CHANHASSEN, MN – If this weekend is any indication, Prince’s legacy is assured. 2,000 Prince lovers came out to Minnesota to celebrate the man and to see where he lived, worked and sadly, died at the age of 57 last April.
Morris Hayes onstage at the Celebration.
“Being here with all the different members of the New Power Generation and the Revolution and seeing all this love and purple energy and all of the Purple fam, it’s so much love,” says NPG member Shelby J. who just released her debut, 10, named after the years she was in Prince’s band.
“Prince was our common denominator and we were all connected through him, so it helps us heal together.”
“Fams” as Prince referred to his fanbase, paid between $500 to $1,000 for four days of events at Paisley Park, with included daily performances, panels, and exclusive video footage. The weekend was a nod to the parties and performances Prince hosted there while he was alive, including a previous Celebration weekend held at Paisley Park June 7-13th, 2000.
Panels included one on the history of Paisley Park, which opened on September 11, 1987, a Live panel with sound engineers who talked about working Prince’s live performances, a Engineers panel with Susan Rogers, one of Prince’s best known recording engineers and others, a Fashion panel with hairdresser Kim Berry and Prince’s longtime tailor and designer, and a Photography panel that included actress Yara Shahidi’s father, Afshin Shahidi, who photographed him for the 3121 album cover.
Panelists talked about how demanding Prince was, but all of them said it was because he wanted them to be better and often saw things in them they didn’t see in themselves.
Red White, who ran Paisley Park for ten years, said that there were times when he wouldn’t get to go home for 3, 4 days, but if he had to do it all over again, he would.
Music wasn’t the only way Prince found members of his various bands. Kip Blackshire, who sang with the NPG, said that he joined the group after being invited out to Paisley by NPG member Morris Hayes to watch a rehearsal.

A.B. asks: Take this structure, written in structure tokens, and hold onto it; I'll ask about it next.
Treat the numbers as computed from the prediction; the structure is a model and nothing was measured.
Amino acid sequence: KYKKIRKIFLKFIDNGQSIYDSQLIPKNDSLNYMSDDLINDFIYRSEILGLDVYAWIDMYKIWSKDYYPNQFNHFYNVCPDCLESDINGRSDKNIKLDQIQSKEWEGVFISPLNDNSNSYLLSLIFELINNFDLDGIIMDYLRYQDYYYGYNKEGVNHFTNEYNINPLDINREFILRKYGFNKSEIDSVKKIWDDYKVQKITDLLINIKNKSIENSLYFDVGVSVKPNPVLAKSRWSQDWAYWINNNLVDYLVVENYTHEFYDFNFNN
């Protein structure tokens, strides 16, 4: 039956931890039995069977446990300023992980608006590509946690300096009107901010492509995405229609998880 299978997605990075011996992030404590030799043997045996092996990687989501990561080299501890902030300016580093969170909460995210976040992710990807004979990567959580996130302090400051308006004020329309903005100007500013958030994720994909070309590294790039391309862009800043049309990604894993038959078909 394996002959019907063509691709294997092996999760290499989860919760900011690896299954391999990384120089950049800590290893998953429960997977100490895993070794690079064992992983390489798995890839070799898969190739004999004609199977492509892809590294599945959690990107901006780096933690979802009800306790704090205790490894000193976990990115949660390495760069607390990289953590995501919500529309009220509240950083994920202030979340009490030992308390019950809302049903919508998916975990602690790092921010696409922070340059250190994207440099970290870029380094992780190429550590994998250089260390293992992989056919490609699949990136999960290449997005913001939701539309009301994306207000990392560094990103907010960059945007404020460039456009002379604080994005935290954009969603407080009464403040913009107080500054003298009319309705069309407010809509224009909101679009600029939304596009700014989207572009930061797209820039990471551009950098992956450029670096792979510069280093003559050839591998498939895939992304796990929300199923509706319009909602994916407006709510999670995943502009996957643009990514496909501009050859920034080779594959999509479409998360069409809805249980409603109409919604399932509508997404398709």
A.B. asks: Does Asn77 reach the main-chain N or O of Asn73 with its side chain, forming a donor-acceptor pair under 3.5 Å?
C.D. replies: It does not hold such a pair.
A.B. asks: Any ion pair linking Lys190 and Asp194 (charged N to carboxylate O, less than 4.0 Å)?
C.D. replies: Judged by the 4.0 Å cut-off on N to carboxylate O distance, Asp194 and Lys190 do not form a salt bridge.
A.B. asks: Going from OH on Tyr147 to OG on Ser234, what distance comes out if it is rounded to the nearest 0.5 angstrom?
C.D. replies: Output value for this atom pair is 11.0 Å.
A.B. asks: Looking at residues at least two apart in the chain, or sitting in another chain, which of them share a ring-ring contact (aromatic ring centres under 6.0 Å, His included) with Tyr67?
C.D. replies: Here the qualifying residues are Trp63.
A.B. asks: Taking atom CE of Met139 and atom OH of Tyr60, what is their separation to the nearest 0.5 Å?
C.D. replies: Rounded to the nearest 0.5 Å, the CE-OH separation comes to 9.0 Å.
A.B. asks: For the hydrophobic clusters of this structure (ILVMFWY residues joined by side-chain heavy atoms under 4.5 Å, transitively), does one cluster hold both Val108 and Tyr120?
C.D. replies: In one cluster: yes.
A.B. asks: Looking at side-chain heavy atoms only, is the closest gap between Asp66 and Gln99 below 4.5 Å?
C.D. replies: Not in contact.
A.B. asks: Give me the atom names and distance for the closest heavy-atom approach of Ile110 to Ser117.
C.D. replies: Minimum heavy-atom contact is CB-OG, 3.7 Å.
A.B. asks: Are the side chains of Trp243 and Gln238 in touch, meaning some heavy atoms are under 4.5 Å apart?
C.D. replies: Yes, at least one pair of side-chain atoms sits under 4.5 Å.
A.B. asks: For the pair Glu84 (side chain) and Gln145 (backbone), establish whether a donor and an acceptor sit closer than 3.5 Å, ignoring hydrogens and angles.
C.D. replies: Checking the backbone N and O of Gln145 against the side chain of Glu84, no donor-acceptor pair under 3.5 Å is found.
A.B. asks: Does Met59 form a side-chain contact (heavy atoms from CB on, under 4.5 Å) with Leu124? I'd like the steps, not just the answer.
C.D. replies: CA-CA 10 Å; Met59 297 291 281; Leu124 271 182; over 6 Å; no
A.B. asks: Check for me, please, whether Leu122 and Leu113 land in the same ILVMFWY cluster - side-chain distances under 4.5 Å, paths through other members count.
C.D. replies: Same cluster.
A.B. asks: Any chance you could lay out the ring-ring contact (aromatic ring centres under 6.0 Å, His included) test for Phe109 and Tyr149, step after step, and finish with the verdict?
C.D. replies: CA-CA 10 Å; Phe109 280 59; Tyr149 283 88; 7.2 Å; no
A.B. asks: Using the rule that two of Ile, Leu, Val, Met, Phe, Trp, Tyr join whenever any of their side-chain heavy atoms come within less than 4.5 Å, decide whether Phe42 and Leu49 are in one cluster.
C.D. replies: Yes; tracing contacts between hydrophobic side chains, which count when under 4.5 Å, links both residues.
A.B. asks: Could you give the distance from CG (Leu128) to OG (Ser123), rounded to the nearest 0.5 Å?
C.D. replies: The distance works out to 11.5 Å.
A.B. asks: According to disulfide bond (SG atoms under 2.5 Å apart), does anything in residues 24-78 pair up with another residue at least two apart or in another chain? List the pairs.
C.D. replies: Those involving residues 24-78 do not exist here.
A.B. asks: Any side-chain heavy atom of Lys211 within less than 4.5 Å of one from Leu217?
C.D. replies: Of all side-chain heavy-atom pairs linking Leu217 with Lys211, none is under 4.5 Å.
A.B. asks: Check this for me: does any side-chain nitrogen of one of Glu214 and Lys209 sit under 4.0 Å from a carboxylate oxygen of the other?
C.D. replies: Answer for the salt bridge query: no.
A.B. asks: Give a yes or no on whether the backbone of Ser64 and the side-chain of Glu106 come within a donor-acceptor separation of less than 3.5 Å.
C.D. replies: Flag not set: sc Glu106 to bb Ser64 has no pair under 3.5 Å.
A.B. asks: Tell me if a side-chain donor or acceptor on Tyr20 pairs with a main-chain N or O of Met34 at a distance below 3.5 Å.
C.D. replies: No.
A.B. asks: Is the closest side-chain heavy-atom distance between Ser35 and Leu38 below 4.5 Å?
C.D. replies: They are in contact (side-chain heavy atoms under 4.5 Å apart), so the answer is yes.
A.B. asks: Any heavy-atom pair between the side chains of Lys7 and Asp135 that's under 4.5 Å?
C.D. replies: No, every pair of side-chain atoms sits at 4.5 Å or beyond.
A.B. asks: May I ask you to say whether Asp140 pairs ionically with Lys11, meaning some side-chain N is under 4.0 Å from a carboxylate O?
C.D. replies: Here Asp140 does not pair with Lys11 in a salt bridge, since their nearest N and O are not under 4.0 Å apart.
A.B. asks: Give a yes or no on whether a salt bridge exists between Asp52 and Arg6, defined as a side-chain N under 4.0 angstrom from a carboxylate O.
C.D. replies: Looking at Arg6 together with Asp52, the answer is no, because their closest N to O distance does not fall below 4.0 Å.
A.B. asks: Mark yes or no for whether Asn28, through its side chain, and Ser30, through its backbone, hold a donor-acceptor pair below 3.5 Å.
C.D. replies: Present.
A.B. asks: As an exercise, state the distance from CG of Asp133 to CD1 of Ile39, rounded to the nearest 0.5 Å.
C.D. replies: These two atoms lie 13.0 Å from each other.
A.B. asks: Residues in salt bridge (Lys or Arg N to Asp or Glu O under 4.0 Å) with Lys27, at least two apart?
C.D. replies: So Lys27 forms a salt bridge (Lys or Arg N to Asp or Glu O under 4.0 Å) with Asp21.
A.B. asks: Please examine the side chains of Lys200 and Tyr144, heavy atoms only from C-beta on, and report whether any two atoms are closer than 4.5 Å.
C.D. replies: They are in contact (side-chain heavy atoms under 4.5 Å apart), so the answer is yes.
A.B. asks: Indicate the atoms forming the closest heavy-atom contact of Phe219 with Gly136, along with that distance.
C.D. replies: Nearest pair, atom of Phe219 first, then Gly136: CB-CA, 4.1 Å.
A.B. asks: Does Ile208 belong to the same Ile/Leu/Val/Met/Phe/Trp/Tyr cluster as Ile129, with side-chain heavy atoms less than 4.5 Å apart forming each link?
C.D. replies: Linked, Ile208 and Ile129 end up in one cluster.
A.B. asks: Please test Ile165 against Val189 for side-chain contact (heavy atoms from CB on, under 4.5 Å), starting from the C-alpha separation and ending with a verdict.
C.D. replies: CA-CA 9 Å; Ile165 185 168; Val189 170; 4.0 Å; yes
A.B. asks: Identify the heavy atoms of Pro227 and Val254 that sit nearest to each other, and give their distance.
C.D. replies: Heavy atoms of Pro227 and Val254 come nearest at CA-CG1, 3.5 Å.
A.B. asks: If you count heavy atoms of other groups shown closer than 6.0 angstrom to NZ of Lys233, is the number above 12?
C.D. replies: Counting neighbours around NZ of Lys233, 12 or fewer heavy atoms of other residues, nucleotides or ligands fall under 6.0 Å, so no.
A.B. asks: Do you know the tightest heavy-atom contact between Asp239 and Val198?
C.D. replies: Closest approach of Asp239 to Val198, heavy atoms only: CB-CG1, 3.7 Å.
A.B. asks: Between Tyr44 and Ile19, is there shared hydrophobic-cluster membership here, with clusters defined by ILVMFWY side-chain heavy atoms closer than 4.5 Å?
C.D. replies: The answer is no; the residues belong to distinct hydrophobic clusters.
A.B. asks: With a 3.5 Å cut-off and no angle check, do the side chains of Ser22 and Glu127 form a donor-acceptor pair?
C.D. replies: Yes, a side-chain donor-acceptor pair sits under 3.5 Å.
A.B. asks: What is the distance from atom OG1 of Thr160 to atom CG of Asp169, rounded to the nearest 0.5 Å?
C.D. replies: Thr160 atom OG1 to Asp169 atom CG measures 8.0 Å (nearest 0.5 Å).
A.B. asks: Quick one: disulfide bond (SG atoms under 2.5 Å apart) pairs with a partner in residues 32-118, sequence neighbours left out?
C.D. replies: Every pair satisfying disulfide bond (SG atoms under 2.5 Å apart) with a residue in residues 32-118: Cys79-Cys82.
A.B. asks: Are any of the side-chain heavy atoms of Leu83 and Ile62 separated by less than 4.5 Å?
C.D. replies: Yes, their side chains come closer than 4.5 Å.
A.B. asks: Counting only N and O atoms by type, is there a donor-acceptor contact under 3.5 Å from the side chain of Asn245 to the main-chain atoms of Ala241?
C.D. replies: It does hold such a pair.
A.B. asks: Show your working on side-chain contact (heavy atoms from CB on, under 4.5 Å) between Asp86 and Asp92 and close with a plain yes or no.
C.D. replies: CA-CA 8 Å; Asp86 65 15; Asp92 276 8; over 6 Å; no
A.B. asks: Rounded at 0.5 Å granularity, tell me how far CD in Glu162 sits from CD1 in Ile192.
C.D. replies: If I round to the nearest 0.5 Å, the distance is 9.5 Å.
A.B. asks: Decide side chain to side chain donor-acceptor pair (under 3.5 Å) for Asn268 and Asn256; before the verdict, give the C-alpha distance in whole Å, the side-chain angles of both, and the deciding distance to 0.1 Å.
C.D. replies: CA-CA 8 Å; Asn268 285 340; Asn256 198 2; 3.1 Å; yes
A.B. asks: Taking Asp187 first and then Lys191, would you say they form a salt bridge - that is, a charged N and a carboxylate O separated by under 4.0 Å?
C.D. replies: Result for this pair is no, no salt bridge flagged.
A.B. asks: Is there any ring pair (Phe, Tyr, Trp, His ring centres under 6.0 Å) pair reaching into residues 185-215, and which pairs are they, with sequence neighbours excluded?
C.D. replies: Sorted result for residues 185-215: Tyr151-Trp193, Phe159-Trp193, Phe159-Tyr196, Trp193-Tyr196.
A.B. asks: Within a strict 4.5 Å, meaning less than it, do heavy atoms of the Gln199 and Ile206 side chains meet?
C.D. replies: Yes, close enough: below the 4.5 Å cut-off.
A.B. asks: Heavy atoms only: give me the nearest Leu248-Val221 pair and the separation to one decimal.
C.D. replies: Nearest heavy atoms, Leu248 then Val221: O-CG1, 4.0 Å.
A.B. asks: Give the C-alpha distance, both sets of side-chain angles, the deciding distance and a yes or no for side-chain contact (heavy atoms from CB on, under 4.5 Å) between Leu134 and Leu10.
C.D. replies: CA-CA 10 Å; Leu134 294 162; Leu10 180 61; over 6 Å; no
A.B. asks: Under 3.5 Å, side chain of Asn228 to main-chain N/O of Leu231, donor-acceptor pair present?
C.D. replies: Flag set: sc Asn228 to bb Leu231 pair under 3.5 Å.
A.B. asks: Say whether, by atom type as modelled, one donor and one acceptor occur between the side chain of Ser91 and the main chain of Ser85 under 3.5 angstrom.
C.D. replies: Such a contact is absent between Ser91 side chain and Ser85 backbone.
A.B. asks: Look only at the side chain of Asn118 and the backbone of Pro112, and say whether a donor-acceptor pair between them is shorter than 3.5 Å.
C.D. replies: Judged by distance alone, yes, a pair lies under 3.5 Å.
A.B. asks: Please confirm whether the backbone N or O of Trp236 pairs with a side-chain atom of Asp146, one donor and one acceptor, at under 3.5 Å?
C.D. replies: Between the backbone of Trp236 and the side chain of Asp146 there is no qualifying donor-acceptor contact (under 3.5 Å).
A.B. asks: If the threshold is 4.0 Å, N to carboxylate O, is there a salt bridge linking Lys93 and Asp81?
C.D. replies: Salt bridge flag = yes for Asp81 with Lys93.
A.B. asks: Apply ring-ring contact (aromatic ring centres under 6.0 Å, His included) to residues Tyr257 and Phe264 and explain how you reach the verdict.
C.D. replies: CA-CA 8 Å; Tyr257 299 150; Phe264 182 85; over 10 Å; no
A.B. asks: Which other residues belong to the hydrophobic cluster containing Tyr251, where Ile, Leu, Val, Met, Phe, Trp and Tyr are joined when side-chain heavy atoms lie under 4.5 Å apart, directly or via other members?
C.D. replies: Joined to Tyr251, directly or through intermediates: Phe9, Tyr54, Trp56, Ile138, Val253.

At that time, Paisley had a basketball hoop inside a rehearsal room and Blackshire was just messing around on it when he was interrupted by Prince. When he went to hand him the basketball, Prince ball checked him and the next day, after playing 2 on 2 basketball, Prince told him he’d heard him singing in the bathroom and wanted to hear more.
Funny, bittersweet and revealing stories abounded on the panels, but the performances and exclusive video footage showed the full scope of Prince’s genius. George Clinton kicked off the performances on Thursday. The Time, featuring three of their original members including Morris Day, and some talented new members, performed their classic hits.
The Revolution performed with Stokley Williams of Mint Condition doing lead on songs like “D.M.S.R.” A reconfigured NPG Band that included Andre Cymone and Blackshire, Shelby J. and Livv Warfield on vocals, musicians Hayes, Levi Seacer, Tony M. and model/dancer Prince homie, Damaris Lewis, who also hosted the event, ripped through classics from Sign of the Times and the Symbol and Diamonds and Pearls albums as well as deep NPG cuts like “Call The Law.”
Prince appeared via video magic during the show, first in audio added to the NPG performance of “Kiss” and through video of him playing Purple Rain from his 2011 tour. The effects made the footage seem eerie, though some fans loved it. It was the only off-putting note of the weekend, though.
Other Prince video performances were shown daily and included 45 minute clips from “The Piano and a Microphone” tour kickoff at Paisley Park on January 21, 2016, a show with 3rdEyeGirl in Amsterdam in 2014, the last tour date on the Purple Rain tour in Miami on April 7, 1985 and a Nude tour clip from Tokyo in August of 1990.
According to organizers, fans traveled from the U.S. and 28 countries including Vienna, Belgium, Australia, the U.K., and more. Joel Weinshanker, part of the Graceland group that is now also in partnership with Prince’s family to run Paisley Park, says that it will continue to thrive despite any of the estate’s ongoing legal issues.
Paisley Park is already, Weinshanker says, on track to become the second most visited music destination in the world after Graceland and plans are to ultimately expand Paisley exhibits into other venues. Next year’s Celebration is scheduled for April 19-22, though no programming info is available just yet.
Prince’s legacy will continue to thrive in other ways as well. Paisley Park’s director of archives, Angie Marchese, who spent 28 years at Graceland, says that they are still cataloging over 7,000 wardrobe items and photos. She says there is video footage of almost everything Prince ever did on tour and on television, including all of his interviews. Much of the footage is on VHS, so matching footage to contemporary HD quality will be a challenge, but it’s a veritable treasure trove for future documentarians and Marchese says they haven’t even found or logged all of the footage yet.
Now that the celebration is over, tours at Paisley, which includes rooms themed around various albums and eras as well as his studio, will resume. For more information, click HERE.
Check out more content celebrating the life of Prince HERE.
PHOTOS: Steve Parke for Paisley Park Studios